DNEG was also responsible for aspects involving locales recognizable from the first film, including the pod containing Neo’s inert form as he lay in a pool of red gel, literally plugged into the Matrix through various hoses. “The look of that environment started with a beautiful piece of concept art that gave us the broad strokes,” recalls Evans. “Then we did countless designs on the specifics of the pods and the huge turbines around them. Production actually built a massive set piece for the live action that measured 10 meters high and included Neo’s pod – we reused that for Trinity’s, too – which contained all that practical goo. We extended the turbine and built a whole chamber around it in CG, along with the pit below.
It was a fairly standard build, but to give the scene life and a tie-in back to the original film, we added a bunch of little microbot creatures for additional texture and detail. We referenced Geof Darrow’s original sketches from the first film [of the machine ecosystem] to keep these things looking familiar and appropriate, but we got to embellish things by giving them a sense of character when Neo unexpectedly wakes – they are surprised and get away really quickly!”
Evans found one of the most challenging parts of the sequence to be a fairly invisible aspect. “The hoses that attach to their bodies were all digital,” he explains. “We tracked all those ports on Neo’s back individually – that meant not only matching the movement, but also understanding and reproducing the musculature beneath those ports, including how his skin moves and he reacts. These CG cables also had to interact with the practical goo that was in the pod and dripping off Neo, plus those microbot creatures as they splashed around in the goo; all of this amounted to incredibly detailed work that was often painful to get just right. None of this is really in-your-face stuff, but the invisible work is often at least as challenging. It made for just a ton of fine-detail balancing.”
A throwaway line of dialog led to a short but memorable sequence featuring combat between two factions of warring machines. “The machine battle was originally just referred to in conversation, and then it was decided to do a single big shot of the action, which sounded exciting,” admits Evans. “What was even better was how it eventually became two massive shots. This started life as another piece of concept art that roughly blocked out what was going on. We used the armada ships from the original trilogy on one side of frame, updated with new detail, flying through the air, while on the other side we had a group in what we called squid tanks. They were a hybrid using familiar bits of geometry from the original, including elements from the harvester and sentinel, but with new weird dreadlocked bits that resembled sentinel legs. Lana was keen to not include the harvesters intact, because they are farming creatures, not built for firing lasers and doing battle. The Environments team did an amazing job with all the fire and smoke and debris, which was especially important in creating the spectacle, because since it was just two shots, we didn’t want to go crazy modeling all these forms and mainly built to camera whenever possible.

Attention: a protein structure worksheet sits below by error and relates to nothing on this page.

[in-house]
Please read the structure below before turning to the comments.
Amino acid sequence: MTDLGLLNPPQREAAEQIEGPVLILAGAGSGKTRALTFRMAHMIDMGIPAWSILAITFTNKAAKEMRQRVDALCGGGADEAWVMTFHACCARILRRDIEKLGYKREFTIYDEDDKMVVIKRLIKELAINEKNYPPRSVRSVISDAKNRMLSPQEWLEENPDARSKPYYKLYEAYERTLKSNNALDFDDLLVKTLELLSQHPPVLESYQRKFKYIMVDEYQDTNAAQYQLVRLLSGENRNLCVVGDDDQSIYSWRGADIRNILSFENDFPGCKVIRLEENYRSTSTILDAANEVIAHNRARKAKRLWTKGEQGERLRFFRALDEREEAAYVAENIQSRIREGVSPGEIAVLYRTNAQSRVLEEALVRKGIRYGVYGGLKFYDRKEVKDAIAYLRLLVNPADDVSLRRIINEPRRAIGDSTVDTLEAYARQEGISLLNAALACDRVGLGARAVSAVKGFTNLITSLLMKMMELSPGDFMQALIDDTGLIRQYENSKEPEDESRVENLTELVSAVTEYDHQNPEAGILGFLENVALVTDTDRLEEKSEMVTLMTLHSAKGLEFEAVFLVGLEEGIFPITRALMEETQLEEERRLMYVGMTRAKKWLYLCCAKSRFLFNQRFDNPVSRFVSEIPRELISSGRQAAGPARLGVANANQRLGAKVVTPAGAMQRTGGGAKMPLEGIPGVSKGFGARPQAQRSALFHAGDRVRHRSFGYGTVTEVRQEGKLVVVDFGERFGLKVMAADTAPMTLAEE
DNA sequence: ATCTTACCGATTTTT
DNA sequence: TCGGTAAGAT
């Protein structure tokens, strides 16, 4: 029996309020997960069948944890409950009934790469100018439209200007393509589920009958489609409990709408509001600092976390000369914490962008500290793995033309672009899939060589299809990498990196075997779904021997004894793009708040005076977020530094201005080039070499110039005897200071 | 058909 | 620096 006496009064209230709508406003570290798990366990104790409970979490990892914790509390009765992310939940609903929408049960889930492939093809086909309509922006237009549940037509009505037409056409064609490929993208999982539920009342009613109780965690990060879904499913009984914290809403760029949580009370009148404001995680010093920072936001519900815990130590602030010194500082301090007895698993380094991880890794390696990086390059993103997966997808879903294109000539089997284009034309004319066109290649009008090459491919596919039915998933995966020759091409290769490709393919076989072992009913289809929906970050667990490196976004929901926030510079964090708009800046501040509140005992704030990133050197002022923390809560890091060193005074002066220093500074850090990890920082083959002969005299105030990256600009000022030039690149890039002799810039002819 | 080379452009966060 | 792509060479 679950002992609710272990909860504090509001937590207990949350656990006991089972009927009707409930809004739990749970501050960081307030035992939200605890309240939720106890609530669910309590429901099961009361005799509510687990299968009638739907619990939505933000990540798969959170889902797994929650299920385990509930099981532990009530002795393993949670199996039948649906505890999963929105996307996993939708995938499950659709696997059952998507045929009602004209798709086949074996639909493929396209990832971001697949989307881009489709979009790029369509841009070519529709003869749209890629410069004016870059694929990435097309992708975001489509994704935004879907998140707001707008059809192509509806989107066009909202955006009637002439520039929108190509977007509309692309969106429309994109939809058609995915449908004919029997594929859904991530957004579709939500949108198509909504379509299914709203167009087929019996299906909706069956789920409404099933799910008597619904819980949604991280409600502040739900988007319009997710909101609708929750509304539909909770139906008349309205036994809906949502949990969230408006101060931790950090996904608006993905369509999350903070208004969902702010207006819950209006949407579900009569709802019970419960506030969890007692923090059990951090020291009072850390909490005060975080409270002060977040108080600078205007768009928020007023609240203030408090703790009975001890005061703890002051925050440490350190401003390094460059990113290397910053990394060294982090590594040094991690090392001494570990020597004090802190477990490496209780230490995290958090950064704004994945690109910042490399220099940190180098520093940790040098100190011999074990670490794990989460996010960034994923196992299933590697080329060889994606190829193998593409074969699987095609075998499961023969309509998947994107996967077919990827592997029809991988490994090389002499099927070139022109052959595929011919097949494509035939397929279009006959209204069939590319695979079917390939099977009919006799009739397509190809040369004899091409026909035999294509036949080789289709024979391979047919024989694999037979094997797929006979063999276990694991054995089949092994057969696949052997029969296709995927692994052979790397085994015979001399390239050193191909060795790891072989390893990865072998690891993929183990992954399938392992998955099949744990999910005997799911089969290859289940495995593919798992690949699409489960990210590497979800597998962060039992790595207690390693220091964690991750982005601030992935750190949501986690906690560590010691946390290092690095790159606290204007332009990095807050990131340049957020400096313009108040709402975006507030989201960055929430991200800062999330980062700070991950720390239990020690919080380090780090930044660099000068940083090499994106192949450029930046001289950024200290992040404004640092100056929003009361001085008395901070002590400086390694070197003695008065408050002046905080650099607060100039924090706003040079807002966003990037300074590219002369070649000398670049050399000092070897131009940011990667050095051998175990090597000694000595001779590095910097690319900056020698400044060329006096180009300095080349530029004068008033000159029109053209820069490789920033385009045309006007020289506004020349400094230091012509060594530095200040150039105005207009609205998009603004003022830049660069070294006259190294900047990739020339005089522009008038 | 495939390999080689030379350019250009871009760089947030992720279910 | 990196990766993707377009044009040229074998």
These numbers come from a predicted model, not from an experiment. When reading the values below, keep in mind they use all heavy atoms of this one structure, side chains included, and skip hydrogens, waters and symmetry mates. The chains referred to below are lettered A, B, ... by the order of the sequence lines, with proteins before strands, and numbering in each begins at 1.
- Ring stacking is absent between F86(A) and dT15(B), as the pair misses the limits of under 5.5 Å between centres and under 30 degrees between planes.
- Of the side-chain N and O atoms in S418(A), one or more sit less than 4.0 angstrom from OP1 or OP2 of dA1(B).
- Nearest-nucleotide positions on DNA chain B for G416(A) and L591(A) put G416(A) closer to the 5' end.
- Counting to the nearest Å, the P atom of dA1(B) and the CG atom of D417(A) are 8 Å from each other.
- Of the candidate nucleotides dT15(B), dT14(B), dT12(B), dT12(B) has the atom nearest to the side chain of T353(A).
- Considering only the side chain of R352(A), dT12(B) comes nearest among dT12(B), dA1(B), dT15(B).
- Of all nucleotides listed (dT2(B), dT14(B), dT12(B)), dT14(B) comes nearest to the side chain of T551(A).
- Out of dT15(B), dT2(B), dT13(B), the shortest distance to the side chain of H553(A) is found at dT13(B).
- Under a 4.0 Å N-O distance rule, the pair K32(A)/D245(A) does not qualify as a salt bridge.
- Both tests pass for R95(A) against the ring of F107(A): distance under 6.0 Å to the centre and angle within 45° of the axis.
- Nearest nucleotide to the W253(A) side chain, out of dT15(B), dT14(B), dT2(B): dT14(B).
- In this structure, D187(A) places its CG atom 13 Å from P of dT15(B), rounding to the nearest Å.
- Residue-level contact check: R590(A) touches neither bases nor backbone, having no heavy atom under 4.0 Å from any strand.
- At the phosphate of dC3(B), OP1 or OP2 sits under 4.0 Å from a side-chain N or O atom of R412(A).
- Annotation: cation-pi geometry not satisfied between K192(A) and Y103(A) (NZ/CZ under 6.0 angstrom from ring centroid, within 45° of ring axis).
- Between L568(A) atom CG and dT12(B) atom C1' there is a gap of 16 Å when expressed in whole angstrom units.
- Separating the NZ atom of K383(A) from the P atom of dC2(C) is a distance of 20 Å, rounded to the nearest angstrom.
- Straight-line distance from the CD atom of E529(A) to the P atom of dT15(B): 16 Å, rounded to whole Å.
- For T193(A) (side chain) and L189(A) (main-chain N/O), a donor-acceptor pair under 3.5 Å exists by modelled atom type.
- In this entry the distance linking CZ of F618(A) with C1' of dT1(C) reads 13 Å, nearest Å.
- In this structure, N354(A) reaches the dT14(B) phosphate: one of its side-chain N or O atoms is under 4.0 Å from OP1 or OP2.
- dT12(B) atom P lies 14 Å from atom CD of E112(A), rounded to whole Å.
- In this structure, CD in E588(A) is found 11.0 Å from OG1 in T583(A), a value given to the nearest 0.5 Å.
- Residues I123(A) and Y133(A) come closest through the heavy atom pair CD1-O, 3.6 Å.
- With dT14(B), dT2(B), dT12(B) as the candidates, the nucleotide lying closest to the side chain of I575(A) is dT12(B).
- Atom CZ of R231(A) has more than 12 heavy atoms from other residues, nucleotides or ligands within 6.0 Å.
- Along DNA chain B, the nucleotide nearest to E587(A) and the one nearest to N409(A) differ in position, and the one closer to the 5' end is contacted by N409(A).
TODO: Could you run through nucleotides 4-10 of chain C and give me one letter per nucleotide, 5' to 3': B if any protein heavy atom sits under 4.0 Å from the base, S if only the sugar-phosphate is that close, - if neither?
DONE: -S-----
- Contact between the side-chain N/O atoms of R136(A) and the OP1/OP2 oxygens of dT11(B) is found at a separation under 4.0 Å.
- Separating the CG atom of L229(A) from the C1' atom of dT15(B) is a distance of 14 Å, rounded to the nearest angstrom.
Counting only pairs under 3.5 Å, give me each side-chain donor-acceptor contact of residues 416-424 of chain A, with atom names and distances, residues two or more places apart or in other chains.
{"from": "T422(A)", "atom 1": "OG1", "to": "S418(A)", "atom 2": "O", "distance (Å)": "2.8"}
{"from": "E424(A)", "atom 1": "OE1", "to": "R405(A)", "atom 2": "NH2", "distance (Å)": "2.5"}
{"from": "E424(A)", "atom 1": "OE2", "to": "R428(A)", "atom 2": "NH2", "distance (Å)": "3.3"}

Environments, along with the matte painting team, also contributed heavily to Io, the new city that succeeds Zion as home to the human resistance, “If Zion represented a town, then Io is a mega-city – massive, with towering buildings, factories and delineated residential blocs within a sprawling cave environment,” remarks Evans. “We tried to generate stuff procedurally, when possible, but when there were specific story points, like being able to see people moving around in their residences and people here interact with these machines on their side, there had to be a great deal of detail work. Lana was very keen that this environment show how the combining of people and machines working together reflected a very different visual sensibility from that of Zion, which was very run-down and clearly just a product of human minds. With the help of this faction of machines, you go beyond just a Brutalist grouping of buildings into details featuring 3D-printed lattices and curved shapes made from unusual exotic materials.”
To facilitate the film’s less-regimented approach to shooting, DNEG always used the production imagery as a reference. “Whenever we had a fully CG shot, especially one that went between two production shots, we made sure our CG cameras could match the moving and sometimes handheld look of the production shoot,” says Evans. That meant duplicating the exact kind of camera shake and bounce, but it was absolutely necessary to make everything live together in the cut.
“Everybody loved what the first Matrix brought to cinema,” Evans concludes. “But if Lana had taken the easy way out and done the same exact thing over again 20 years later, it would have been treading on familiar territory that so many other projects have already leveraged off. This one defies a lot of conventional thinking about sequels, while having meta kinds of fun with the whole notion of sequels. That may not be what everybody expected it to be, but it is very different, and I found that aspect, along with getting to be part of the Matrix history, to be extremely worthwhile.”